But I haven’t felt very Korean either. Koreans are a very proud and nationalistic people, and after occupation, war, and a meteoric economic rise, that collective identity is well-warranted. There’s a thread of tough-hearted resilience running through the Korean consciousness I truly admire. However, this nationalism and a Confucian cultural framework leaves little room for me and other adoptees who fall outside of societal norms. My very existence as an adoptee is a reminder of national shame, of a misguided attempt to solve widespread social issues with rushed policy that focuses more on idealized platitudes than addressing the challenge of substantively elevating all citizens. For as much as I’ve pursued Korean language study, learned about Korean history, associate with people of Korean ancestry, and even look Korean, it’s never enough. It’s tiring to have your humanity and existence perplex your own people. Whenever I meet new Korean people, they often don’t know how to handle me, and have trouble comprehending how much effort I’ve been put into ‘being Korean’ in my younger years. Yes, my intonation in “맥주 두 병 주세요” is off. And yes, if I like 족발, then I know more korean foods than 김치 and 비빔밥. I don’t expect praise, and frankly that’s not what I’m looking for, but I don’t like being naively patronized and having my lack of expertise nitpicked either. I’m too old, lightheartedly disgruntled, and focused on my own joy to seek the approval of people who aren’t equipped to understand me.
Despite that, watching Northern Limit Line and witnessing the camaraderie of Korean navy recruits slapping each other’s asses, sneaking out to eat noodles in the dark, and sucked into the excitement of the Seoul World Cup brought upon a sadness in me that I haven’t felt in a while. I have amazing circles of friends, but I can’t stand social environments where being a part of a broad majority is a prerequisite to being comfortable. I can’t experience a camaraderie that feels like this movie. I can’t feel this way with broad crowds of people. My most profound experiences relate to the pain of feeling alone, and the sheer ecstasy and validation of finding those who ‘get me.’ I imagine that if my background, upbringing, and life trajectory lined up more closely with average white americans or Koreans, people would be more interested in me as an individual, and I’d feel an attachment to a larger national identity or consciousness.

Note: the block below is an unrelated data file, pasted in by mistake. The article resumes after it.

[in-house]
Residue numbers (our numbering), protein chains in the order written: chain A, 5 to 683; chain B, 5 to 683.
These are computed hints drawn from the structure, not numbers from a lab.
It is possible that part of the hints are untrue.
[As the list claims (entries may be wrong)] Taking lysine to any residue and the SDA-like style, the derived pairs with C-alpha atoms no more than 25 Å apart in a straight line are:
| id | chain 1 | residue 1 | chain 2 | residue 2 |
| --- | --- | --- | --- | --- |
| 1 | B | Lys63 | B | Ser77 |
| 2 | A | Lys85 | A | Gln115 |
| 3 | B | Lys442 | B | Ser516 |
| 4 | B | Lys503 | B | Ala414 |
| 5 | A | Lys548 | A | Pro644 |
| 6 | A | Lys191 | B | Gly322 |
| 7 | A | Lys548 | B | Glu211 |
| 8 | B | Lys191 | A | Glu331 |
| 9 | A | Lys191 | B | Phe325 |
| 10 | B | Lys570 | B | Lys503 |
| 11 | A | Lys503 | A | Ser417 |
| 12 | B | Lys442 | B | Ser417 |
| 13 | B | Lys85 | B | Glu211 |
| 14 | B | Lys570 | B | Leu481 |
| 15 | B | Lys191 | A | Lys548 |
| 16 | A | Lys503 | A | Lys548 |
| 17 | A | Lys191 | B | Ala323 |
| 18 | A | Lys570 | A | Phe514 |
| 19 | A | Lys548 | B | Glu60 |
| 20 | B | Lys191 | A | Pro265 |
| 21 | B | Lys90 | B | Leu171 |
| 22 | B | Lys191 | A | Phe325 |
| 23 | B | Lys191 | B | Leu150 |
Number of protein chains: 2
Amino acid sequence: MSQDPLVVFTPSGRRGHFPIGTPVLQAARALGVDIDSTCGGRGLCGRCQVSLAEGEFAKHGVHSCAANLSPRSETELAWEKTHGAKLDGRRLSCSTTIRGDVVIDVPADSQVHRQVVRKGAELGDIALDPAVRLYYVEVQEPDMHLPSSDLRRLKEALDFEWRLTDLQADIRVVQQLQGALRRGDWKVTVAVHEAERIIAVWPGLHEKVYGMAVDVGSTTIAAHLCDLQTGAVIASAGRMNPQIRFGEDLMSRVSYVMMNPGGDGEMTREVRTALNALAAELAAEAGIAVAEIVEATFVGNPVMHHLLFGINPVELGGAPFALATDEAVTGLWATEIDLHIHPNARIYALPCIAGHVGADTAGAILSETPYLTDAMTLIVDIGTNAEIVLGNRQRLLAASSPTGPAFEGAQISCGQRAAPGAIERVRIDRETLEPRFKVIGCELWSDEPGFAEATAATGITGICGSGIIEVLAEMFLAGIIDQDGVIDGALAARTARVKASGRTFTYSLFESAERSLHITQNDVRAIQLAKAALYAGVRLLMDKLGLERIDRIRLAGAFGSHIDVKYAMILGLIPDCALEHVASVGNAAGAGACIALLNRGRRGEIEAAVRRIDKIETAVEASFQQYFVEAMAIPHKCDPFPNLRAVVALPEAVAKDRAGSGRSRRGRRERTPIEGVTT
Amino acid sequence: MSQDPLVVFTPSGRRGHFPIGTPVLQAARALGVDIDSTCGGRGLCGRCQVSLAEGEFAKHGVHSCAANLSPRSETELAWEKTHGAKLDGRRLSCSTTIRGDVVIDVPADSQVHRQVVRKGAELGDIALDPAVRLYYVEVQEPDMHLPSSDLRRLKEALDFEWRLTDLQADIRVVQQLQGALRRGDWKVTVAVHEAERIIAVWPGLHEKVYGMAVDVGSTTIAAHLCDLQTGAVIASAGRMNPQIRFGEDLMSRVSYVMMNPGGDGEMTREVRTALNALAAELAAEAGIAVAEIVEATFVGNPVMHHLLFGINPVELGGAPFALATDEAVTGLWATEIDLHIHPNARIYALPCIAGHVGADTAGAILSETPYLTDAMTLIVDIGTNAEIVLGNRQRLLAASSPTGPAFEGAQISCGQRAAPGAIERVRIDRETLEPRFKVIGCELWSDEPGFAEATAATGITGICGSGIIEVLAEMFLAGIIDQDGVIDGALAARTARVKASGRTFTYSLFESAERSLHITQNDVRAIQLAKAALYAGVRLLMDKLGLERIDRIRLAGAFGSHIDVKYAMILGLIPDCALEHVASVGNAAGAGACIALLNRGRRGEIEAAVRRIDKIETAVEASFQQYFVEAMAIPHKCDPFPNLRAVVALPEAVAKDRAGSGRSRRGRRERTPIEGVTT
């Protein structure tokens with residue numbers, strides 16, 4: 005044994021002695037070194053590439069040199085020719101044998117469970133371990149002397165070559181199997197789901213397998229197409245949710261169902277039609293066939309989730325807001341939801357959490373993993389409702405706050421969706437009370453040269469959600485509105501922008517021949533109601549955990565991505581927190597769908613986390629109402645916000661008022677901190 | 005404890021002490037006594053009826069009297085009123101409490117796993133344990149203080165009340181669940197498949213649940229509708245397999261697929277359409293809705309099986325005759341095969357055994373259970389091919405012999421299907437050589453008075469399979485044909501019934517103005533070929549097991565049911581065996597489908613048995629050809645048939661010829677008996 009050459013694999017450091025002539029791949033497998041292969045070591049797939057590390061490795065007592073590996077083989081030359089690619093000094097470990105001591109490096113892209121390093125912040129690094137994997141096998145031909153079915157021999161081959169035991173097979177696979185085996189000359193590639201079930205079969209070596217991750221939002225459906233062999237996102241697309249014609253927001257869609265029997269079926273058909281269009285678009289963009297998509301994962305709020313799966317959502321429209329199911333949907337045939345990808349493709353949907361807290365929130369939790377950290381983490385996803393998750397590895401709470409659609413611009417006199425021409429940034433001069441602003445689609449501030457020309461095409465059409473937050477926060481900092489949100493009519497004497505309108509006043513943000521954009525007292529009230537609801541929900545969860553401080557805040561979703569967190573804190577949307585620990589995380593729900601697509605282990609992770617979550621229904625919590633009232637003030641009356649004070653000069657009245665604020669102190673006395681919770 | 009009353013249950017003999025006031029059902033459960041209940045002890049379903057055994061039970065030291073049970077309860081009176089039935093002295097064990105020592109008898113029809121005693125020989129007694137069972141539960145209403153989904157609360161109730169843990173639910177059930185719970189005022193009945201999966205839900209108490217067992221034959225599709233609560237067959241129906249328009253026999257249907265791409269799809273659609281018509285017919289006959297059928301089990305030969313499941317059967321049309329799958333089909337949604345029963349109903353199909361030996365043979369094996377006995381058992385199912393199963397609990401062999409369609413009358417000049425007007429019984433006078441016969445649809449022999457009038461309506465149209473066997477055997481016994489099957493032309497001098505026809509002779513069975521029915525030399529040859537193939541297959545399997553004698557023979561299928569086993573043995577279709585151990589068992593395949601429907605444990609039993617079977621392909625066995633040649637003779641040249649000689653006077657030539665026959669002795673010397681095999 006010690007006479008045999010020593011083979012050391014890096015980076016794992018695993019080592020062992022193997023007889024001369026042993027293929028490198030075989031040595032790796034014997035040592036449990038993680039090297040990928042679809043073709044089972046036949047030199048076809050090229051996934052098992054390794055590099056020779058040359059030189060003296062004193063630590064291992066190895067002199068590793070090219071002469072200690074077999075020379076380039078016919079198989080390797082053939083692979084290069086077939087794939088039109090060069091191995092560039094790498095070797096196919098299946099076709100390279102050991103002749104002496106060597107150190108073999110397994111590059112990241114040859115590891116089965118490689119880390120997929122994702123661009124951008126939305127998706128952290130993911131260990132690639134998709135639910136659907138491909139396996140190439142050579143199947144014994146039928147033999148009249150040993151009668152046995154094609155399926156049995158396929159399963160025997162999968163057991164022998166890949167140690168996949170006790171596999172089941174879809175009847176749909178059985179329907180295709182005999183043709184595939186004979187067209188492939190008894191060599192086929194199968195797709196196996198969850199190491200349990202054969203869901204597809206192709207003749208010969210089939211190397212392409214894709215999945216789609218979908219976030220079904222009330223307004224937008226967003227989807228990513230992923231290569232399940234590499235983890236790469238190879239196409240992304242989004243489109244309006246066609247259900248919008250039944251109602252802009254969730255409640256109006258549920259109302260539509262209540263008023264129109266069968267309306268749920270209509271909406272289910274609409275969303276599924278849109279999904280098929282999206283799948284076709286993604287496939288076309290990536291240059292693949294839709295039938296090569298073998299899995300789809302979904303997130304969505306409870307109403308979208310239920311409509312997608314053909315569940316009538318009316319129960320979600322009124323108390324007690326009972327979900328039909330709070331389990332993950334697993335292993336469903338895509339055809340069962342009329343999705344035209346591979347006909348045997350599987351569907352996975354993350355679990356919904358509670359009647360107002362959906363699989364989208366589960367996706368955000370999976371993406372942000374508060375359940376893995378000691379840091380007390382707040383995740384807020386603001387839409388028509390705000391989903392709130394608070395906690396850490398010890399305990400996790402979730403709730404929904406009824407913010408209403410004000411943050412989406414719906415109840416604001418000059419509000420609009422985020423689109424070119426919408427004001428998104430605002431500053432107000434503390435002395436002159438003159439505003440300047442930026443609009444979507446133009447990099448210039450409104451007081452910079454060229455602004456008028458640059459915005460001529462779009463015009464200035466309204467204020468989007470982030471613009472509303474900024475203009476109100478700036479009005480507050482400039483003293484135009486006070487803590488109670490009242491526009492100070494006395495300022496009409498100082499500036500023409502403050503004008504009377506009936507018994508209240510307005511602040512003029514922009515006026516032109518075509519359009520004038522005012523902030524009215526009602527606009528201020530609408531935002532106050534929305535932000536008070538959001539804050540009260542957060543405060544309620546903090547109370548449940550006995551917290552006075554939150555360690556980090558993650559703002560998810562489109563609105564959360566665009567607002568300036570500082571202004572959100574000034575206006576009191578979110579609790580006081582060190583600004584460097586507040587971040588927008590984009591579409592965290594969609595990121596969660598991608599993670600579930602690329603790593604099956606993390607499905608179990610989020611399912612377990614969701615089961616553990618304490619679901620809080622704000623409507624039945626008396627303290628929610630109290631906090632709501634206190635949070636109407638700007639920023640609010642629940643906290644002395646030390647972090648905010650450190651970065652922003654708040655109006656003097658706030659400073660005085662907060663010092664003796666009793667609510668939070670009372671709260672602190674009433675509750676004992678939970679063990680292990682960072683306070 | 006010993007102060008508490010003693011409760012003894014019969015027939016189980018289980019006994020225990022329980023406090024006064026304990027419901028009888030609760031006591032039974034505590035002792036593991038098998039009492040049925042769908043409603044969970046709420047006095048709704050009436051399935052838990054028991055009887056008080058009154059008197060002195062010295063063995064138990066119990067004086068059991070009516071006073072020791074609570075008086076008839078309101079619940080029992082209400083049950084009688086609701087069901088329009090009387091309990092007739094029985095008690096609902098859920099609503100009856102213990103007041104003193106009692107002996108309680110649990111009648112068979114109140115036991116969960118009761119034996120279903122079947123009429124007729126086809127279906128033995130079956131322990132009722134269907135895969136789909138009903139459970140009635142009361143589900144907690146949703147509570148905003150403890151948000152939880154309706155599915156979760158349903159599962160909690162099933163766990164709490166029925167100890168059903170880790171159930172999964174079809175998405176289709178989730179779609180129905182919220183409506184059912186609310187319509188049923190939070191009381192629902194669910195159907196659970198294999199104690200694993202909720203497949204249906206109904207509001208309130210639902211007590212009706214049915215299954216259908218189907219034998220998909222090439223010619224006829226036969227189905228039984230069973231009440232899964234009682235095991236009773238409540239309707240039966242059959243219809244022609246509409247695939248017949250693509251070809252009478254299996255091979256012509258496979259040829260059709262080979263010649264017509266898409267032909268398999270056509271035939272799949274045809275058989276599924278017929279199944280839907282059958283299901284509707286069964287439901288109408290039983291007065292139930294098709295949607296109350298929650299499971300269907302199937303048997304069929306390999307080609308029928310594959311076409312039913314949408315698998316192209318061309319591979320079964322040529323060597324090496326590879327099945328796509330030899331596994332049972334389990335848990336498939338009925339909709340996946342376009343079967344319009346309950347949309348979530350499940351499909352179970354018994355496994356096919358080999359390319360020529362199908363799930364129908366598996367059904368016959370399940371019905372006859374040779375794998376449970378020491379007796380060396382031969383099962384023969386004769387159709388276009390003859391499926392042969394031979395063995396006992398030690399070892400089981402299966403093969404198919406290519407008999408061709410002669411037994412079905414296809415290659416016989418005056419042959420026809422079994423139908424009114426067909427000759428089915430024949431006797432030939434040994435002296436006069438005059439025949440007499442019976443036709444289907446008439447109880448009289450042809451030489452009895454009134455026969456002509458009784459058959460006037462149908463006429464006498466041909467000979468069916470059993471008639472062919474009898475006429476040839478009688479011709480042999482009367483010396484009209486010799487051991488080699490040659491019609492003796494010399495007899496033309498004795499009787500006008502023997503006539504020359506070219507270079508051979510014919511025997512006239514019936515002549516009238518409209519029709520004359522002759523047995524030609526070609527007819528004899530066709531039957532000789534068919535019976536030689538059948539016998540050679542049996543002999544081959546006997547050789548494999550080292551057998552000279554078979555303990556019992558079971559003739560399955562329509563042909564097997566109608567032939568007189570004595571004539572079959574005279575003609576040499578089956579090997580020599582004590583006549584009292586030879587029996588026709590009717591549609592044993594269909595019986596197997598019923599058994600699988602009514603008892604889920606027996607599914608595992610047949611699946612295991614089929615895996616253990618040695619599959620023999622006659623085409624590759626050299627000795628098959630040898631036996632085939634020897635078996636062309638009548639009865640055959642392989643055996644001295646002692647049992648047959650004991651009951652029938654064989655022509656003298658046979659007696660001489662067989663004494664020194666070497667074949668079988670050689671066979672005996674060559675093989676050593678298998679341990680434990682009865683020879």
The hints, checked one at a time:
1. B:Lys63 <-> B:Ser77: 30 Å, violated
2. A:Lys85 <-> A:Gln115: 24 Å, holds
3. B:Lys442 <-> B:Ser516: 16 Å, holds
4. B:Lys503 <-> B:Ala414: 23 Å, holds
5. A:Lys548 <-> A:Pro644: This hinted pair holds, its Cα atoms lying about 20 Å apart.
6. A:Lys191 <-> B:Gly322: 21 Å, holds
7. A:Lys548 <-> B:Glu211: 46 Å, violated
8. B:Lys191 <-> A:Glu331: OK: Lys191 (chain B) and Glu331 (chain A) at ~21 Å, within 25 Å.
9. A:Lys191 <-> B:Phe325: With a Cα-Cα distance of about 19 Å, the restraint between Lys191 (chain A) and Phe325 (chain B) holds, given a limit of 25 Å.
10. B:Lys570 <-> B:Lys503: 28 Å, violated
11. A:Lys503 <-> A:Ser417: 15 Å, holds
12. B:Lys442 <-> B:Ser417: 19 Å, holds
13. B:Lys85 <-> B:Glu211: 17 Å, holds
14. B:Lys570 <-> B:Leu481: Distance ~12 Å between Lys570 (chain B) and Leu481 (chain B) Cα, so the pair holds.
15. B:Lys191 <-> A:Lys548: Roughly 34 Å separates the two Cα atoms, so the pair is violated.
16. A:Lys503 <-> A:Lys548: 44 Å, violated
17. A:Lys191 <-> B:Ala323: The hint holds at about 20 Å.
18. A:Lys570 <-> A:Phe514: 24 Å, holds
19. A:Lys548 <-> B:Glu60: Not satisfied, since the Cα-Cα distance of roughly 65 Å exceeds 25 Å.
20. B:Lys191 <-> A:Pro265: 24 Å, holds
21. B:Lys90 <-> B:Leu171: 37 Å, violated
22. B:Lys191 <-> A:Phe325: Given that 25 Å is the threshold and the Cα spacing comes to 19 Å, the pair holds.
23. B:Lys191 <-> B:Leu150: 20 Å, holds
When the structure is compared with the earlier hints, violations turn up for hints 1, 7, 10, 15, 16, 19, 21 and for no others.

And when I saw Korean viewers on the edge of their seats during the movie, at times gasping, at times holding back tears, I felt a profound sadness in lacking a broad identification with being part of a nation. A nation of people who eat the same food, speak the same language, share the same history, and have similar reference points for what’s going on in each others’ lives, where conversation can come naturally without any posturing, prefacing, or contextualization. I want to be able to say that I went to my Aunt’s for 추석 and that I went to 명동 to eat 짜장면 on Black Day. At times like this, I feel like my experiences immersed in white America have been a waste, and I want nothing more than to be ordinary and to have a mundane life.
Now that I’ve been thoroughly enculturated and my personality is well-formed, I can’t go back and experience ‘Korean-ness’ as a malleable child, and I feel a profound sense of loss. I feel like I’ve missed out on opportunities to bond with others in simple, straightforward, but deeply fundamental, inexplicable ways. Everything about myself needs to be explained, because it can’t be captured in a word. And what I felt most powerfully in the theater was that I do not have any way to identify with my ‘own people’ in a clean, black-and-white way. In my everyday life, I’m ambivalently walking a tightrope teetering between despair and fulfillment, and I’m generally inclined to fall toward the latter. However, when I find myself in situations where others feel a powerful, transcendent bond to a cultural continuity and shared consciousness through nationalism, I feel a hazy, ambiguous void that can’t be filled by my otherwise deeply gratifying, challenging set of experiences as a Korean adoptee in America. These days, the pain of uniqueness doesn’t sting as much as it used to. However, watching Northern Limit Line in a theater packed with Korean people conjured up bittersweet reflections on what could have been.